Joanne Tench

Joanne Tench

Flu-season policy in effect at KBRH

Kootenay Boundary Regional Hospital (KBRH) is asking visitors to mask up during flu season.

Kootenay Boundary Regional Hospital (KBRH) is asking visitors to mask up during flu season.

Starting today, the Trail hospital is one of the provincial health-care facilities encouraging people who have not had a flu shot to wear a mask to help protect those at-risk of influenza. The masks, along with hand sanitizer, are available in the lobby at the information desk.

“In the hospital, we’ve got very vulnerable patients, and if you have got the flu or a cold it’s really important to protect yourself from passing that onto that vulnerable patient,” said Jane Cusden, acute health services director for Interior Health Authority.

“The majority of staff do have the flu vaccine, which contributes to protecting them against the flu but also protecting our patients.”

This is the second year Interior Health has set this visitor policy and the fourth year it has encouraged its staff to get the flu shot or commit to wearing a mask at work.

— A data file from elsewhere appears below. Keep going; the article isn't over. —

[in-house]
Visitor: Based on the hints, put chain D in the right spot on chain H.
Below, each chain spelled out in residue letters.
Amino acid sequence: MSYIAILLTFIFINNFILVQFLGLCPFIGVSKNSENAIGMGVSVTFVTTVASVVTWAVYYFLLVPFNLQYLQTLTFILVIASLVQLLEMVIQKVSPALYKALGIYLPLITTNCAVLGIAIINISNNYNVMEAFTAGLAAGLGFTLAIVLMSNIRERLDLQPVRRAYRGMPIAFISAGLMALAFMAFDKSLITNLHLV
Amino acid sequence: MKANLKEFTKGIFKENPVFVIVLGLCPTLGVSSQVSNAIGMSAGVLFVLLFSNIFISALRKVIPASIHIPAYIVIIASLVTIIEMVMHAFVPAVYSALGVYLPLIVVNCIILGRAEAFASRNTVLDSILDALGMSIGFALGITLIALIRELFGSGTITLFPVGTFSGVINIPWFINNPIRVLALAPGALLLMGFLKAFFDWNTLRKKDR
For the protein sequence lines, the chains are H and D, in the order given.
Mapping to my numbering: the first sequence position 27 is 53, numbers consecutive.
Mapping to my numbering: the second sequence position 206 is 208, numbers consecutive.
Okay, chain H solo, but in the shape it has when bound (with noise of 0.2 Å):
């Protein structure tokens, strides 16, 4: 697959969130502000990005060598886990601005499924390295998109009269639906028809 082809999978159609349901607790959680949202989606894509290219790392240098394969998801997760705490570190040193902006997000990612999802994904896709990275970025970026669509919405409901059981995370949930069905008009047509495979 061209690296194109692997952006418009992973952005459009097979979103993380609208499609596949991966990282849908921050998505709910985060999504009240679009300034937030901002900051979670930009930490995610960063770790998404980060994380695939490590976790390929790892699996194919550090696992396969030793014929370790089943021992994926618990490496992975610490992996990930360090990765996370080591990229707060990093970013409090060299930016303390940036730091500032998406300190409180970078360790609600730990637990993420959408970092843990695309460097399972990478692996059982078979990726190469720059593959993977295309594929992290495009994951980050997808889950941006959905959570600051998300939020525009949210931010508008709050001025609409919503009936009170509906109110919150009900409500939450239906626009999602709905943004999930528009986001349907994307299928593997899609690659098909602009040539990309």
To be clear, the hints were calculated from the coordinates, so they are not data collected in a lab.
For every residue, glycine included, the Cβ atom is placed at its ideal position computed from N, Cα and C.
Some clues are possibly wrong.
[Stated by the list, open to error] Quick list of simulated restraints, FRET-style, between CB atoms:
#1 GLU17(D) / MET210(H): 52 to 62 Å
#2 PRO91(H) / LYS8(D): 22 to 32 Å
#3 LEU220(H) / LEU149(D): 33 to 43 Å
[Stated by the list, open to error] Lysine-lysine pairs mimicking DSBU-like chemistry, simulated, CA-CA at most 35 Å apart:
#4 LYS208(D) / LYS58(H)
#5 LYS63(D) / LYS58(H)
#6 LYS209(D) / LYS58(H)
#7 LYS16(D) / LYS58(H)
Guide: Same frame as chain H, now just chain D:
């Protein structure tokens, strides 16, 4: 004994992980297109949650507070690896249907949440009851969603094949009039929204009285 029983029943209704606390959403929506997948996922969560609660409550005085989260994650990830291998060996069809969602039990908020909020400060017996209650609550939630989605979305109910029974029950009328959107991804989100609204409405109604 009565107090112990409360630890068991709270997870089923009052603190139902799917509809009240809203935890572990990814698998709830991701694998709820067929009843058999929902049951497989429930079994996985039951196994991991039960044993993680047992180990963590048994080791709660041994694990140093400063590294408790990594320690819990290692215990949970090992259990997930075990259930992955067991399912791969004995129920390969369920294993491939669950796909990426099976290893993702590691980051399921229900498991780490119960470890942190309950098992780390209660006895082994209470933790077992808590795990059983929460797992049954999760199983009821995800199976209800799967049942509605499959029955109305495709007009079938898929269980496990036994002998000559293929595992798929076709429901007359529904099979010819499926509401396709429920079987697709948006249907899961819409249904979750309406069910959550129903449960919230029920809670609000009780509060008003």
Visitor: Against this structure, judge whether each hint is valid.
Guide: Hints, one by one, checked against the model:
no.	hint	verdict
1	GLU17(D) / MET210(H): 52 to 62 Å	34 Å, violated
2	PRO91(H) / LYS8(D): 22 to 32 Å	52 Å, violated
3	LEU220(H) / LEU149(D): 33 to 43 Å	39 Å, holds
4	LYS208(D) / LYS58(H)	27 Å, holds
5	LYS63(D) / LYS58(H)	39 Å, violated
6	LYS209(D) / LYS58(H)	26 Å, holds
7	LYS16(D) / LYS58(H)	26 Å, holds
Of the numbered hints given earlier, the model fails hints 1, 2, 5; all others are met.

Joanne Tench, KBRH infection control practitioner, said the best practice remains the flu shot.

“Research has definitely shown that it does prevent infections, for some people they may still get sick, but they won’t be as sick or hospitalized near as often,” she said. “We do ask everybody who comes through the door to hand wash and that I have noticed has increased over the years. I see a lot more people washing as they enter the building.”

Other facilities following the province-wide initiative include long-term care homes, public health units, and outpatient clinics.

Each year there are approximately 3,500 deaths from the flu and its complications in Canada, according to the Ministry of Health. People infected with flu are highly contagious and can spread the virus for 24-hours before they even realize they are sick.

The flu vaccine is free to people intending to visit a health-care facility and is available at public health clinics, physicians’ offices, travel clinics and pharmacies. It’s also free in B.C. for children between the ages of six months and five years, seniors 65 years or older, pregnant women and Aboriginal people, as well as individuals with chronic health conditions or compromised immune systems and their household contacts and caregivers.

The nasal spray flu vaccine is also available for free at public health clinics and physicians’ offices to children two to 17 years of age who are at risk of serious illness from influenza or who live with someone who is at risk.

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